Lyme Disease: Dispelling the Myths
Lyme Disease Is Not Just a Summer Occurrence – and three weeks of antibiotics might not be the answer!
With our warmer winter and no prolonged periods of very cold conditions, it will amp up an early tick season in the North east. Lyme-related illness is a silent epidemic and it has been great to see more media exposure in the local media outlets. As a health expert with a specilaized interest in Lyme-related illness, I do find that it is important to educate – and to dispel myths.
According to the CDC, 300,000 cases of Lyme disease are diagnosed in the US each year; however, that statistic is flawed as Lyme is grossly underreported. The reality is that more than a million are infected. It is an epidemic on a global scale.
“Absence of proof is not proof of absence.”
In many cases the Western Blot test comes back negative for a Lyme infection. Yet, there are often various infections present with multiple clinical symptoms of illness. These are often dismissed by the physician, or misdiagnosed as another illness or disease.
Chronic Lyme “does not exist,” according to the CDC and IDSA (Infectious Disease Society of America). Instead, the CDC now gives the multisystemic illness a vague label: “Post-treatment Lyme Disease Syndrome.”
The flawed, generalized, and severely limiting Western blot test that is used to detect Lyme infections is still the gold standard of Lyme disease testing. It does not include testing for co-infections, which require specialized testing from labs, e.g. IGENEX.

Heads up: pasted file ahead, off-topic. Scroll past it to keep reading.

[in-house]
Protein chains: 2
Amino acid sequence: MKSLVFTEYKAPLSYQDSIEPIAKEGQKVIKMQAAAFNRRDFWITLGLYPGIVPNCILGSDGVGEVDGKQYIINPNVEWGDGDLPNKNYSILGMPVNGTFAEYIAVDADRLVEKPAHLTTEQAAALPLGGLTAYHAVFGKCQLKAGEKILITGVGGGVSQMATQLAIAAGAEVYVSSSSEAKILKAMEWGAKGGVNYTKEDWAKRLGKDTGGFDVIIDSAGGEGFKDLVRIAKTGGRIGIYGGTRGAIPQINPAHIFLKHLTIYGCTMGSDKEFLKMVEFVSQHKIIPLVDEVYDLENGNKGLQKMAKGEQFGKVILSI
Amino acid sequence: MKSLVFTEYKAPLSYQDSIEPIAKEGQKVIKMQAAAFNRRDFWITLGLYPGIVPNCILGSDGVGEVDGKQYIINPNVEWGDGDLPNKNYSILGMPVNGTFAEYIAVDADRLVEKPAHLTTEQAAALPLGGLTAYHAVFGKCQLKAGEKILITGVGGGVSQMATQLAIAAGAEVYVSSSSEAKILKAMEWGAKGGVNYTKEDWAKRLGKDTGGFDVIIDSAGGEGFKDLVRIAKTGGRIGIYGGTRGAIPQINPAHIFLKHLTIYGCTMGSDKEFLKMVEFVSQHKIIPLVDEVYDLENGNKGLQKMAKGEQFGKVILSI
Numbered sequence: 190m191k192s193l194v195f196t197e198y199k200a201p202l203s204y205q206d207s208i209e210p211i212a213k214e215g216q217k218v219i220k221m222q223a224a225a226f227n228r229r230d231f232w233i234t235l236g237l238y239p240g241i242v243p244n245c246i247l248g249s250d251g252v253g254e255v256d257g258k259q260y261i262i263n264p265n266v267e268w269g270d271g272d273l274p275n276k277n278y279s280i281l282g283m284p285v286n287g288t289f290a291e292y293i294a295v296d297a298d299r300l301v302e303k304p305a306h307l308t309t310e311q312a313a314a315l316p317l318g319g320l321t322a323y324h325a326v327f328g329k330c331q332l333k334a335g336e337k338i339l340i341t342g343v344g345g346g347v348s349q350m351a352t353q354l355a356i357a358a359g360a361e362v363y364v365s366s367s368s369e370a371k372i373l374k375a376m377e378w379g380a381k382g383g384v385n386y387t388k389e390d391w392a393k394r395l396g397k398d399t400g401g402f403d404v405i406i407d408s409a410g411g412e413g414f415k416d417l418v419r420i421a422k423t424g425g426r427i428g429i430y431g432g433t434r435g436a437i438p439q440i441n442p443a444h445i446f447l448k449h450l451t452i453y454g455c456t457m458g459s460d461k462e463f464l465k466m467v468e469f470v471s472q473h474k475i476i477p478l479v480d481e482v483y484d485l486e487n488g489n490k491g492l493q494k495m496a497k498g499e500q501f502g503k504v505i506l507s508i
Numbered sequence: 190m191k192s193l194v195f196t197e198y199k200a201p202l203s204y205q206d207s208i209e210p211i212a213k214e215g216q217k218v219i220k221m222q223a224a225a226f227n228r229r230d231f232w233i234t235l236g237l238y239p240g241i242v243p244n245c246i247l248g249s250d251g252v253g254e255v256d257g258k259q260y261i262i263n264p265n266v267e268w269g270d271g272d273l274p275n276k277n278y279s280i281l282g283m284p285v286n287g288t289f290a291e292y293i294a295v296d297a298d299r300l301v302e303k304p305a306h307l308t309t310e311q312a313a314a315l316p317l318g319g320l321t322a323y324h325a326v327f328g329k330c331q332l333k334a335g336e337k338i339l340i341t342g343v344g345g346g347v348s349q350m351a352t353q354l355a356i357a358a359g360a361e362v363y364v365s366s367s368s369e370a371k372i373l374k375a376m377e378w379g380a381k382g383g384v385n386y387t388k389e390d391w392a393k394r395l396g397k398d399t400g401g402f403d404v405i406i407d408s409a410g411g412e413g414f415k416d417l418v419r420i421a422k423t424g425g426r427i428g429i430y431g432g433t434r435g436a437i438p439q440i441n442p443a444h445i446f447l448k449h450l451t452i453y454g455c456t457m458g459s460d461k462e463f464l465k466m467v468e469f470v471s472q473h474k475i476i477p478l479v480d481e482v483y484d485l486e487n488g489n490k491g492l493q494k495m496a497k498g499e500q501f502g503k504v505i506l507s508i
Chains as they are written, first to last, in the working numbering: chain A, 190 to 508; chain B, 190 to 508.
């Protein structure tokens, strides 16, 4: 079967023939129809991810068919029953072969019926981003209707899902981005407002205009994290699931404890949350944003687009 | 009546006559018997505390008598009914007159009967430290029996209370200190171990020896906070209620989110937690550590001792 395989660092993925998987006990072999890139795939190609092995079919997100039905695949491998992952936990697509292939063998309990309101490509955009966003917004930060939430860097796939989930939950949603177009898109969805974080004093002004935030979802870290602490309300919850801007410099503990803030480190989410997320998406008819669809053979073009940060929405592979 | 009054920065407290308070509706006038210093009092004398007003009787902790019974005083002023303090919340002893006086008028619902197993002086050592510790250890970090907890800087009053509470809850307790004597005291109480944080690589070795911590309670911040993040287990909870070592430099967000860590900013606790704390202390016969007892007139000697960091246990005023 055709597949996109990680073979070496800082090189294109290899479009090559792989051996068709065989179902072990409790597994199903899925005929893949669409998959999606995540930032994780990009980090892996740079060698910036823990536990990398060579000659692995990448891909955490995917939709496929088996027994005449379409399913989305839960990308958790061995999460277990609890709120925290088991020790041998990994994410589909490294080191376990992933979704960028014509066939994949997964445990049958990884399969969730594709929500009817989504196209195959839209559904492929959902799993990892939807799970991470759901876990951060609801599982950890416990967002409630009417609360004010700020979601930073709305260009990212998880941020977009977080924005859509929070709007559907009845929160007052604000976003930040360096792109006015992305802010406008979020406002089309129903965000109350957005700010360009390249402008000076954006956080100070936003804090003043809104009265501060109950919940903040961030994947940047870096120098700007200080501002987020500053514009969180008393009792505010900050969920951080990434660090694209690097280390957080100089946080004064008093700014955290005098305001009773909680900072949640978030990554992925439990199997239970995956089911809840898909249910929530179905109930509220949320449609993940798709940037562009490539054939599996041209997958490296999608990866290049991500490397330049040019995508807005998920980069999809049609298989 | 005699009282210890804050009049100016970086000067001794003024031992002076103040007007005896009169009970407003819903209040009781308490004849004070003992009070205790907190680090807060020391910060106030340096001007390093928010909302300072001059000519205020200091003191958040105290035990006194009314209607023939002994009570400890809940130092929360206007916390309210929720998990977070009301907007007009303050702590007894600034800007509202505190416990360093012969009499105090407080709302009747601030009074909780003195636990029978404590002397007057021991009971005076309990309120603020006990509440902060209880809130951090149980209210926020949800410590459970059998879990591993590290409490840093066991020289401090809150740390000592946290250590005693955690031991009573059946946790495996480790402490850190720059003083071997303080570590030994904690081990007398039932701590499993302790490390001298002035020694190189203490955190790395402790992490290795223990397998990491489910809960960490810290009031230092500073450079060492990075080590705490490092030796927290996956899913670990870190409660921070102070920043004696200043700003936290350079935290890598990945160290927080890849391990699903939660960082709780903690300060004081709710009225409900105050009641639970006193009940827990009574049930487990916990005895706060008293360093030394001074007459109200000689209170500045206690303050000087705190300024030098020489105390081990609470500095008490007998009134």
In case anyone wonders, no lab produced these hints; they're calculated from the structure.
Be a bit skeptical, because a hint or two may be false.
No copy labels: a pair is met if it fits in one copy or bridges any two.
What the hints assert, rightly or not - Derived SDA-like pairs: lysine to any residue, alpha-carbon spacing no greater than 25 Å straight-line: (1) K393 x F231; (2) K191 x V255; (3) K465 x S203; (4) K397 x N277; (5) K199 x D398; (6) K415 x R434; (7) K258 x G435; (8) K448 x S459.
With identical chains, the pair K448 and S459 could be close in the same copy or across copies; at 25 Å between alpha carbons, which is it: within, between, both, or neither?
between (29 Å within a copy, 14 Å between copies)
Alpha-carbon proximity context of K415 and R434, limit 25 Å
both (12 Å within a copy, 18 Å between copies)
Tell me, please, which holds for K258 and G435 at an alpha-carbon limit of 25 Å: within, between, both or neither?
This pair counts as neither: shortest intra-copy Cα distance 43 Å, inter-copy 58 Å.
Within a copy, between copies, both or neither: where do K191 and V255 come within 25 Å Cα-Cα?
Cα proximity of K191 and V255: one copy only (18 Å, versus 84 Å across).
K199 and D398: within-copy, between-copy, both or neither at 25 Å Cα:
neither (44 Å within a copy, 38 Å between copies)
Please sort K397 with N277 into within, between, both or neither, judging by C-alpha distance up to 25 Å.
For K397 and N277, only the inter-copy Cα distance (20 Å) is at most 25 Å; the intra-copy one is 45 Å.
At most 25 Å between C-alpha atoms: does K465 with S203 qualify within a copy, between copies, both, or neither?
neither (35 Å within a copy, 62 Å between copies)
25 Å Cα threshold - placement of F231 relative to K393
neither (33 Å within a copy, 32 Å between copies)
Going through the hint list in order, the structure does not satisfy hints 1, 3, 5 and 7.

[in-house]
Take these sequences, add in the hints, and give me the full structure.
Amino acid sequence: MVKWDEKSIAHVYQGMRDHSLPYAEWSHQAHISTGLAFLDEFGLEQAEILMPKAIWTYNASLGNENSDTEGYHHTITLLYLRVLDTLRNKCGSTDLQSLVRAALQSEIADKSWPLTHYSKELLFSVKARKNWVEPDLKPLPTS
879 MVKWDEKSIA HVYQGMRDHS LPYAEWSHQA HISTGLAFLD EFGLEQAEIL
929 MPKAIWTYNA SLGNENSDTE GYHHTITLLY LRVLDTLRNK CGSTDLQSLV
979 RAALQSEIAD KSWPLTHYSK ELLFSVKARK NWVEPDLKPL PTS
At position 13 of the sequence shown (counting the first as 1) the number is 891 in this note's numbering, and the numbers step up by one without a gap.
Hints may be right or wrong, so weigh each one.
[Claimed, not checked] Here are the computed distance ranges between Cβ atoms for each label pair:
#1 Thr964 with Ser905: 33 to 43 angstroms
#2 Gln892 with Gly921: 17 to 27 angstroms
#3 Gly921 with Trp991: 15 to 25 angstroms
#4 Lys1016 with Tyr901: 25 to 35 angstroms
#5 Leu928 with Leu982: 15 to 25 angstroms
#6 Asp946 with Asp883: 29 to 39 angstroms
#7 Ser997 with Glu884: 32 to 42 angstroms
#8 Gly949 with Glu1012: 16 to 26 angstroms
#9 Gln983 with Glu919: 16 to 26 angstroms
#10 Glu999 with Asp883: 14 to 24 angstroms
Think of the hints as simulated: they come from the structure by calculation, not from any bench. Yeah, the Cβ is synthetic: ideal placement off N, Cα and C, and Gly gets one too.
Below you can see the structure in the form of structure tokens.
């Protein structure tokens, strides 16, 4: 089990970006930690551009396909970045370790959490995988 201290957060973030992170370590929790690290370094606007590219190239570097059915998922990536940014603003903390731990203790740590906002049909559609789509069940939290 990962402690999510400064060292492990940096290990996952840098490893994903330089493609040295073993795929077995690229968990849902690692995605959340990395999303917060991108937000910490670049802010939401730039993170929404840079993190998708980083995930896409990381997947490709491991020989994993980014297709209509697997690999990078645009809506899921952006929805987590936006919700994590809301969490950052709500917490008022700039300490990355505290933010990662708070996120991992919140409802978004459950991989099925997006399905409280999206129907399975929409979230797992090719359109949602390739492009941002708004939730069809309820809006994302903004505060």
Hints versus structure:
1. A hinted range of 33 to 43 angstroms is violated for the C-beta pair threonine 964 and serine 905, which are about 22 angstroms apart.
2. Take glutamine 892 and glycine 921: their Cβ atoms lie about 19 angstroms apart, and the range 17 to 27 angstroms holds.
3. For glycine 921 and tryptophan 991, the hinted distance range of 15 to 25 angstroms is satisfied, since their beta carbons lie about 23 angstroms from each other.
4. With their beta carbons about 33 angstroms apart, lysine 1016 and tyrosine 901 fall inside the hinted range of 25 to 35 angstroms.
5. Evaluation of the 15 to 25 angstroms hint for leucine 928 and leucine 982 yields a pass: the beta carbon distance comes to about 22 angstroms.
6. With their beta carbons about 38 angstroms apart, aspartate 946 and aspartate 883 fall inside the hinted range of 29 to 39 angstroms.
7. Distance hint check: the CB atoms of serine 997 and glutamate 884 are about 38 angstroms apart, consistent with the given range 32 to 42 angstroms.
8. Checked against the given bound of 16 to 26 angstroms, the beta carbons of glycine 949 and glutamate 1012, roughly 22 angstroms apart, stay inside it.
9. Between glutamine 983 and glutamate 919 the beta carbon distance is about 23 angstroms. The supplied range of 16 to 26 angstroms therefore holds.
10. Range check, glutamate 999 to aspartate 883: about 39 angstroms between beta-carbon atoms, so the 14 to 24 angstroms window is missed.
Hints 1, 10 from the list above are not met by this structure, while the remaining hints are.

There are many co-infections possible with Lyme.
All infections create serious health challenges and increase risk of transmission to others, especially if they are not diagnosed and treated early enough. The most common include Babesia (Babesiosis), Ehrlichia (Ehrliciosis), Bartonella henselae (also known as cat scratch fever), Mycoplasma, Anaplasma, Rickettsia rickettsii (Rocky Mountain spotted fever), Borrelia mayonii and Borrelia miyamotoi. Parasites, different strains of bacterial infections and viral infections are discovered in continuous scientific research, and one must consider their interconnection with the Lyme-related infections.
Maybe you did see the tick, developed a rash, and got treatment, yet you still are not well years later.
Most people are not aware that transmission can occur from a mosquito bite, flea bites, semen and vaginal fluids during sexual activities, a scratch from your cat or dog, breast milk, saliva, and blood transfusions.
Transmission is not just about a tick bite, and transfer in the saliva from a tick certainly happens in less than 24 hours. If you are dealing with a Lyme-related illness, you might never have had a rash or a bull’s eye (erythema migrans); that only occurs in roughly 30% of infections.
Antibiotic resistance, hidden non-bacterial co-infections that masquerade with mysterious symptoms, and suppression of the immune and nervous system results in cardiovascular, neurological and psychiatric symptoms that are often misdiagnosed.
The mainstream medical community still does not recognize or accept chronic Lyme and its common co-infections.
Many ill individuals are misdiagnosed repeatedly as having Fibromyalgia, or chronic fatigue syndrome, heart arrhythmias, irritable bowel syndrome (IBS), depression, or one of the degenerative neurological diseases, including multiple sclerosis, Alzheimer’s and Parkinson’s Disease.
Antibiotics for long-term treatment are often not covered by insurance, and costs can be extensive—and prohibitive—for many. Many Lyme sufferers spend hours on the phone dealing with insurance companies in attempt to get coverage.
Many children and adults are misdiagnosed with mental illness without consideration of Lyme-related infections affecting genetic vulnerabilities, while severely inflaming and debilitating the brain.